Who doesn’t like strawberries? They are available in just about every supermarket and they are delicious. But if you want the best tasting strawberries, you’ll have to grow your own.
That’s because fully ripened, home-grown strawberries have a rich, aromatic flavor that no strawberry in the supermarket can ever match.
Relishing the melt-in-your-mouth juiciness of freshly picked strawberries is just one reason to grow your own. Strawberries are nutritious, as well. They brim with vitamin C and manganese and contain folate (vitamin B9) and potassium.
Starting Your Strawberry Patch
The sturdy strawberry plant flourishes in properly prepared beds or rows. You can also use them as edible edgings or let them sprawl over the top of a wall in your garden.
The best strategy for planting strawberries is to establish new plants at the beginning of each season. Experts recommend buying young plants from a nursery, especially for the novice gardener.
You can plant strawberries in spring or fall based on your growing zone. The plants require at least 6 to 10 hours of sunlight during the peak summer season.
Strawberries thrive in soil with a pH between 5.5 and 7. If necessary, amend your soil in advance of planting. If soils in your area are naturally alkaline, it would be best to grow strawberries in half-barrels or other large containers filled with compost-enriched potting soil.
The planting site must be well-drained. Raised beds are a particularly good option for strawberry plants.
The plants prefer the morning sun with some shade in the afternoon. If your soil has is mostly clay, work in some vermiculite, perlite, and about 4 inches of compost to improve the drainage. If you have sandy soil in your garden, rake in some compost.
The roots of your seedlings shouldn’t be longer than 8 inches. Trim them if necessary. Make planting holes deep and wide enough to accommodate the entire root system without bending.
The roots should be covered with soil, but not the crown. Do not bury the crown of the plant or it could rot.
Set the plants out 20 inches apart to leave room for runners and leave 4 feet between rows. Strawberries are sprawling plants. The seedlings will produce runners, or ‘daughter’ plants. These will, in turn, will send out their own runners.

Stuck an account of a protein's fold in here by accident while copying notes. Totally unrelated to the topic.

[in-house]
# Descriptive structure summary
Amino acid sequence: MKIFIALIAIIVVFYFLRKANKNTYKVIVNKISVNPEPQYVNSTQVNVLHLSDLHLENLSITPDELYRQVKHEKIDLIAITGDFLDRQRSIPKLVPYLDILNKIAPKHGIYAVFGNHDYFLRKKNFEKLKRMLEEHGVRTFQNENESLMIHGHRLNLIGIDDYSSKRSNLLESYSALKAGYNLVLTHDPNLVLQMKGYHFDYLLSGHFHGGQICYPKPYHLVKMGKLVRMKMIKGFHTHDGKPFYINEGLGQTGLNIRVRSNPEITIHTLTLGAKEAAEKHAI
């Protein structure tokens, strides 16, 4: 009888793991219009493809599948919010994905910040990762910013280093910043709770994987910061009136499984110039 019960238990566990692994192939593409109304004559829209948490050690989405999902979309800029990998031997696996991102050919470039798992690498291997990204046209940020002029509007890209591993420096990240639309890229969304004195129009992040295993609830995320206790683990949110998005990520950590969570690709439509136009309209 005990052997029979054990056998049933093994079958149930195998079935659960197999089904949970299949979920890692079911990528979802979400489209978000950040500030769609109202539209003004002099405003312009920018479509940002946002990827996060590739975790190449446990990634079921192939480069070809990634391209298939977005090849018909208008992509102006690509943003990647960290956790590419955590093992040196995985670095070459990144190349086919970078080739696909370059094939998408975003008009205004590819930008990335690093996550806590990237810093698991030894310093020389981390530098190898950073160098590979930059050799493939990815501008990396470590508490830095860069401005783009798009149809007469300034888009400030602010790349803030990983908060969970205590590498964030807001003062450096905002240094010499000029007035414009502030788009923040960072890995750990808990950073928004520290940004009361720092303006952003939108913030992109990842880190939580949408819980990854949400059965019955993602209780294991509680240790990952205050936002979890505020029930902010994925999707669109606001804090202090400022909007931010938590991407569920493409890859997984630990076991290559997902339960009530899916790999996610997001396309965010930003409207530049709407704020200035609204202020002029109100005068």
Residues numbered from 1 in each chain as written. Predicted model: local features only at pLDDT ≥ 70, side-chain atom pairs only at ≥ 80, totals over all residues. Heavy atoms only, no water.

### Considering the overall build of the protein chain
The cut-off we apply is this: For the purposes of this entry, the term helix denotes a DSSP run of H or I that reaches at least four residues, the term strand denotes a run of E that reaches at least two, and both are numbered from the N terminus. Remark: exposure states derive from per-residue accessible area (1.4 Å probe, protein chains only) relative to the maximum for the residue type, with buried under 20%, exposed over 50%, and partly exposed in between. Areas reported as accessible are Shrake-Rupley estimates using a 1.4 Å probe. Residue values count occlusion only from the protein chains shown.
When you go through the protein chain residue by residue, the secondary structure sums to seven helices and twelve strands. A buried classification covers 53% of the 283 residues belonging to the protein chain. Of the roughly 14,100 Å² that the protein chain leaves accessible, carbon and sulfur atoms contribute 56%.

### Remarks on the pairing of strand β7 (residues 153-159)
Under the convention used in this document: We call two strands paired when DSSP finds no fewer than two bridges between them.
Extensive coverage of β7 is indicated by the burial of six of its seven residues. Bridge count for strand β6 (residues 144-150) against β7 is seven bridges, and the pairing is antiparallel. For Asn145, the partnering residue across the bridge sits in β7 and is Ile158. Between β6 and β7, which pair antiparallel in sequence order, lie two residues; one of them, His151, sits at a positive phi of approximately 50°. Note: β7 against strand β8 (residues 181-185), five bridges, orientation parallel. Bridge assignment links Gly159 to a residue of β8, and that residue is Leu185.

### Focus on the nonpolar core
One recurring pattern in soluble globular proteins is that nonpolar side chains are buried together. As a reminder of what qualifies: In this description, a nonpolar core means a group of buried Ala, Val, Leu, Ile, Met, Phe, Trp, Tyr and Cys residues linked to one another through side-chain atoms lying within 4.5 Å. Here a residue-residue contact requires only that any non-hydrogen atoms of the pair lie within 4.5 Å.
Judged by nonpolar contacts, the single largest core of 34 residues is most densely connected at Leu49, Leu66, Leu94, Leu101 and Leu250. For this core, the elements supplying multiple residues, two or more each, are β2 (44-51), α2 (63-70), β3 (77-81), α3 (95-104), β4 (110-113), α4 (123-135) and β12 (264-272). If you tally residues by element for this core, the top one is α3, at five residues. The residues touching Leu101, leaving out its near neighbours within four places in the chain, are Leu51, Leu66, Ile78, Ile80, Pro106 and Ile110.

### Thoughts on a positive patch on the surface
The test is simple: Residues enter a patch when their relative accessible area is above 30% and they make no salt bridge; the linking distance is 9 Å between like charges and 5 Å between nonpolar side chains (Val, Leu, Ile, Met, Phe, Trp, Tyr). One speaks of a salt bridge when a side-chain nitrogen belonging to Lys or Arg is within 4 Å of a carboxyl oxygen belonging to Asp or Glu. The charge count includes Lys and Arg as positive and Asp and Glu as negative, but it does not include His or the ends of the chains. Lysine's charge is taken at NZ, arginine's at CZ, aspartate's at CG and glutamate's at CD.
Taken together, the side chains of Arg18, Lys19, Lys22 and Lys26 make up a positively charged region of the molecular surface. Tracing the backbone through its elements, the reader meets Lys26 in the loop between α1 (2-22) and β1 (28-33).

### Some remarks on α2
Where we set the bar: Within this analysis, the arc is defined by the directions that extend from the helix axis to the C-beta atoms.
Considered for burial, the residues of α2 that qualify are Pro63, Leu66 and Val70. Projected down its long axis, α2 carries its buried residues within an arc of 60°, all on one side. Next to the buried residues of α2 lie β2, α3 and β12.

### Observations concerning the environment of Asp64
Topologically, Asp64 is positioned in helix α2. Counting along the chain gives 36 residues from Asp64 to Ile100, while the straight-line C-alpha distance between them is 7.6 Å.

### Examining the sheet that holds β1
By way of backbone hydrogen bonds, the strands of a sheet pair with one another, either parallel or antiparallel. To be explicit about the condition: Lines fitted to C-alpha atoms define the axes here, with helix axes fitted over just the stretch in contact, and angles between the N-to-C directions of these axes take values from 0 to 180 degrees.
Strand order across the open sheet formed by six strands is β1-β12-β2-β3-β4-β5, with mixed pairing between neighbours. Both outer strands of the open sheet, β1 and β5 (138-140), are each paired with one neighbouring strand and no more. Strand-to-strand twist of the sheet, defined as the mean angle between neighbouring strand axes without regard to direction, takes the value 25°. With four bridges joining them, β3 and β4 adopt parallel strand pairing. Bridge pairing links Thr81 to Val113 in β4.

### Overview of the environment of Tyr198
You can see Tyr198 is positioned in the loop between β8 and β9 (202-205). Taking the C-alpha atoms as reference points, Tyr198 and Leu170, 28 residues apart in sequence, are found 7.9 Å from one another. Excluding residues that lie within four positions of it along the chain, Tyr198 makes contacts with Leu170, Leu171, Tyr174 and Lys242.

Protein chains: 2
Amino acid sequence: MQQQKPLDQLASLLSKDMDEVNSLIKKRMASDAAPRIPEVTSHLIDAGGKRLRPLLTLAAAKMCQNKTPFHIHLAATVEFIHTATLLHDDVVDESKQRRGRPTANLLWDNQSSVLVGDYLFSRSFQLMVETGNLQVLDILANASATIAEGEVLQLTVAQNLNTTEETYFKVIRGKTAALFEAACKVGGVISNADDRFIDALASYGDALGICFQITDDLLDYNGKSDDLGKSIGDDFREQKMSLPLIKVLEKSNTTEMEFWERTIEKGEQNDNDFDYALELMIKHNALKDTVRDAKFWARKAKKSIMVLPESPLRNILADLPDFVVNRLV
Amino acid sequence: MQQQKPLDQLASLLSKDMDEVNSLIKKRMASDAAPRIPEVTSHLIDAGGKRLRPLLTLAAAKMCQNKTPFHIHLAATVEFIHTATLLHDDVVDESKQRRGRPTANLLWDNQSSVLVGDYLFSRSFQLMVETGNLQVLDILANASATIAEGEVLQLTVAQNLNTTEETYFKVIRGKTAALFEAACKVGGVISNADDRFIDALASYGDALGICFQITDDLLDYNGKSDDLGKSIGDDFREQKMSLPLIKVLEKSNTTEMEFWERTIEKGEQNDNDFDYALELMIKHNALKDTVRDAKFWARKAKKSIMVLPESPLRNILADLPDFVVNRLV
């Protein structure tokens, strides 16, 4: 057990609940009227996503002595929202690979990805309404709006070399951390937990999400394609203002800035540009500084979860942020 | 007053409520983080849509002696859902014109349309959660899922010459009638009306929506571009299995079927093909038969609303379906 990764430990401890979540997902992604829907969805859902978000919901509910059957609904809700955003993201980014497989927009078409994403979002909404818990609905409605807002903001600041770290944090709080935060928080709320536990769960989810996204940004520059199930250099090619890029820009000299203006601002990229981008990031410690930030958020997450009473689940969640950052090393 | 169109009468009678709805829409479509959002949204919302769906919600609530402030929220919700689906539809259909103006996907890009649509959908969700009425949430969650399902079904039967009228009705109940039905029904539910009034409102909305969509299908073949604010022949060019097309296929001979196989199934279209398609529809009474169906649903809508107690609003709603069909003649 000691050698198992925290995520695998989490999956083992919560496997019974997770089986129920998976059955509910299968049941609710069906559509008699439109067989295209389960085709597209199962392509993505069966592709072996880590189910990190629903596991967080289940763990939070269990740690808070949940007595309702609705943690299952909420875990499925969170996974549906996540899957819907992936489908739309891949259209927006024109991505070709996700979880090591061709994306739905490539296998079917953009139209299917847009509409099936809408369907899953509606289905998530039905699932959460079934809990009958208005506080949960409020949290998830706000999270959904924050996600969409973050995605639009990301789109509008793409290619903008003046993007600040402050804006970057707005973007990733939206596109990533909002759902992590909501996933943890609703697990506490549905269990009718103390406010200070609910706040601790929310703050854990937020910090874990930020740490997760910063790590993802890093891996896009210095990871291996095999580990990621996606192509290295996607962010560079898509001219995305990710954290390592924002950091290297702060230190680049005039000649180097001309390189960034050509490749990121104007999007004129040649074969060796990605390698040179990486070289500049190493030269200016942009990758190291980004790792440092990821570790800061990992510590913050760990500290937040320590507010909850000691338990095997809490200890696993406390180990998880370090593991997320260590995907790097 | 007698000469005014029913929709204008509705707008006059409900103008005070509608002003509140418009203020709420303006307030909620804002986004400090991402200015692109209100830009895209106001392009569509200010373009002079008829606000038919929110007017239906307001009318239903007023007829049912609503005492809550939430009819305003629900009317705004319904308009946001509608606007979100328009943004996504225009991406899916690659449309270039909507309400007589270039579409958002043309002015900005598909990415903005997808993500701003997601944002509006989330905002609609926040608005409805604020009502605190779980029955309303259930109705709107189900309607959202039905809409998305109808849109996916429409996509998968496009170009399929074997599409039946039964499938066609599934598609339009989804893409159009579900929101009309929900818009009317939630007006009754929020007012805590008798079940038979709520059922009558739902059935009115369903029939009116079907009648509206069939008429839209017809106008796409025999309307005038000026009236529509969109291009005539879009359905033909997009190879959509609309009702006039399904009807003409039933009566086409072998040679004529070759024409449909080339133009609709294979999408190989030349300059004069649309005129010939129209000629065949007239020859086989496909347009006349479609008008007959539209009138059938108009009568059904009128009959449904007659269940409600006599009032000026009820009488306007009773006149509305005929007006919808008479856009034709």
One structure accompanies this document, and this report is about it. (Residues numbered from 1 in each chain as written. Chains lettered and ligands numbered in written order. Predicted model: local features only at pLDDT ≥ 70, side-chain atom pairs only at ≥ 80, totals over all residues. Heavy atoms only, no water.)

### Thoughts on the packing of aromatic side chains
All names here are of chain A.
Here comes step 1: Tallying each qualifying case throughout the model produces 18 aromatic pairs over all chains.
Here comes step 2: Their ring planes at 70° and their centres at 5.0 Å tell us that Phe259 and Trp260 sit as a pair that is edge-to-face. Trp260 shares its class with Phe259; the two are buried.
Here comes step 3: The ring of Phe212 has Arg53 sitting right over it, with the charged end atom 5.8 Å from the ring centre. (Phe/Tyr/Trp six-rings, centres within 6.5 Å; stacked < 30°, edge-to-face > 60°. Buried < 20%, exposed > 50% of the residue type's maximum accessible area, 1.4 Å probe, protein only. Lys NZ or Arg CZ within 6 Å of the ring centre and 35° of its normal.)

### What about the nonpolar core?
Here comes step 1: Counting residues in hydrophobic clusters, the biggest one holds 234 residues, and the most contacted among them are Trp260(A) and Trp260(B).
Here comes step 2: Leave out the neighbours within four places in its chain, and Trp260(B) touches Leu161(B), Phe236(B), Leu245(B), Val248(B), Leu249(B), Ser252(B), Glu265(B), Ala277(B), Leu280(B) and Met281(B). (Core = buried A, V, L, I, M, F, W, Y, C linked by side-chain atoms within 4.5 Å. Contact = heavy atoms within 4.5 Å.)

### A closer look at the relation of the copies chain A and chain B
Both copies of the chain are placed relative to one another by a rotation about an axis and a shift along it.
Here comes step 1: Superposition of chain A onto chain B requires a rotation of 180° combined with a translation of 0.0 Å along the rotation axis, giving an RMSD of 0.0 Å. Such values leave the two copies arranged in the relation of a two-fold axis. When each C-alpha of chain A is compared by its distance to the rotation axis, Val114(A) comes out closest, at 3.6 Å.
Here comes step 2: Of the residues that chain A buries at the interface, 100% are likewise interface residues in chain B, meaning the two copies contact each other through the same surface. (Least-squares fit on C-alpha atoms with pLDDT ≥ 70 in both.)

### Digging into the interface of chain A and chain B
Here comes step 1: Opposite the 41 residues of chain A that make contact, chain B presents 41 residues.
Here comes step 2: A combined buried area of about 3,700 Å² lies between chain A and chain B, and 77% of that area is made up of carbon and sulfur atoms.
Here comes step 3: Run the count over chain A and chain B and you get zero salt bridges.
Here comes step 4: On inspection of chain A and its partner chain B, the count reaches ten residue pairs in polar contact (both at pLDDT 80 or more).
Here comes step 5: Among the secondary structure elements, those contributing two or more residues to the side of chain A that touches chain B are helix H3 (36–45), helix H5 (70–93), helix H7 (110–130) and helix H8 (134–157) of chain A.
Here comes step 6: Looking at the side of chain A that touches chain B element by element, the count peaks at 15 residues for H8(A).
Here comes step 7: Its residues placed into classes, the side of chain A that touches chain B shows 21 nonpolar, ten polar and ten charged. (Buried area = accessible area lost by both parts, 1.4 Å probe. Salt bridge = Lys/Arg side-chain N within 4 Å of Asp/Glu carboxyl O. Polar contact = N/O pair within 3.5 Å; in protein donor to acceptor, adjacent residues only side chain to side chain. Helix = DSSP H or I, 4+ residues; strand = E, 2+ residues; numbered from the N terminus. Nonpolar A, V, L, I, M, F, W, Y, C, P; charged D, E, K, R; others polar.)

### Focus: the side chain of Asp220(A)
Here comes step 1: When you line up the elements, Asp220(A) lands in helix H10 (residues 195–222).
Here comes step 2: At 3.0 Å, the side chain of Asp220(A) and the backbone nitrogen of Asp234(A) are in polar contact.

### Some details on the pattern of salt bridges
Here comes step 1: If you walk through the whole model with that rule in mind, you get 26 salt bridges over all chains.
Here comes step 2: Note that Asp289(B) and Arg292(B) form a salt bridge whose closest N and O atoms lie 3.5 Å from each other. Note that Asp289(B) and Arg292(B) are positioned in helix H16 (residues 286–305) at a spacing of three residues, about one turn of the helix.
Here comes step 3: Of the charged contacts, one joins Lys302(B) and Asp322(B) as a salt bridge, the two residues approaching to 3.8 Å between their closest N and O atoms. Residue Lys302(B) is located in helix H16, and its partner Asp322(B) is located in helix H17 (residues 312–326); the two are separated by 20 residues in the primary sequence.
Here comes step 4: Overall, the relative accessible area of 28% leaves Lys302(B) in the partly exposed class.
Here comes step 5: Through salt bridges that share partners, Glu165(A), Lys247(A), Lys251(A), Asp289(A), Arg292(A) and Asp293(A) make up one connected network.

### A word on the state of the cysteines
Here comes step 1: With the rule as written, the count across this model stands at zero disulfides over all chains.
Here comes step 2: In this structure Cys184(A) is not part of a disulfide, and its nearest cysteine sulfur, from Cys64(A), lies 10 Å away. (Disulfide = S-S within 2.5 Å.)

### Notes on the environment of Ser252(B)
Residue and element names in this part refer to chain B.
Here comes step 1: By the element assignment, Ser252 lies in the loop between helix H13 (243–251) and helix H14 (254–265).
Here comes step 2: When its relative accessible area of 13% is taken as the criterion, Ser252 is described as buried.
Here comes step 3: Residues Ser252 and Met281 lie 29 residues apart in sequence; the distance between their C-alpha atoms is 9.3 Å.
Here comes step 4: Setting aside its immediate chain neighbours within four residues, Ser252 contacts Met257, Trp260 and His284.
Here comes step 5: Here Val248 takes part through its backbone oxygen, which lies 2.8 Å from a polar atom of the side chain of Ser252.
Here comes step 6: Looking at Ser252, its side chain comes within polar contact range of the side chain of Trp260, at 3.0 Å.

The leaves, flowers, and fruit of the plant must be exposed to light and fresh air. Be sure to water the plants well at the time of planting to minimize transplant shock.
Caring for Strawberry Plants
You’ll need to water your plants regularly. They need about one inch of water each week. Keep the beds mulched to allow the soil to retain moisture and keep weeds at bay.
Moisture is important because of the plant’s shallow roots. Strawberry plants need adequate water when the runners and flowers are developing – and again in the fall when they mature.
You also need to be diligent about weeding. Experts recommend that you weed by hand, especially in the first months after planting.
Fertilize your plot with all-purpose granules for robust growth. In warm weather, berries ripen in about 30 days after the blossoms are fertilized.
Ensuring a Good Harvest
In the first year, pick off the blossoms, says the Old Farmer’s Alamanac. If you do not allow the plant to bear fruit over the first year, they will spend their energies on developing vigorous roots. The plants will then yield more fruit in the second year.
You should eliminate daughter plants as needed. First and second generations typically produce higher yields.
You should try to keep the daughter plants about 10 inches apart. You can use row covers to protect the blossoms and fruit from birds.
Strawberry plants are perennial. They live through multiple seasons. They are naturally cold-hardy and will survive cold winter temperatures. If your area has mild winters, little care is needed.
If you experience snow, cover your plants with burlap. The mulch will help to retain moisture in the soil over the winter without freezing the root system.
You don’t need to water your strawberry plants during winter. Remove the burlap and apply mulch again after the last frosts fall in your region.
Your strawberries will be ready for harvesting 4 to 6 weeks after blossoming. Harvest ripe strawberries in the cool of the morning. Remember to cut by the stem. Do not pull the berry or you could damage the plant.
You should have an abundance of berries. In fact, if you choose to plant June-bearer strawberries, you can expect your harvest to last up to 3 weeks!
Here’s a quick video…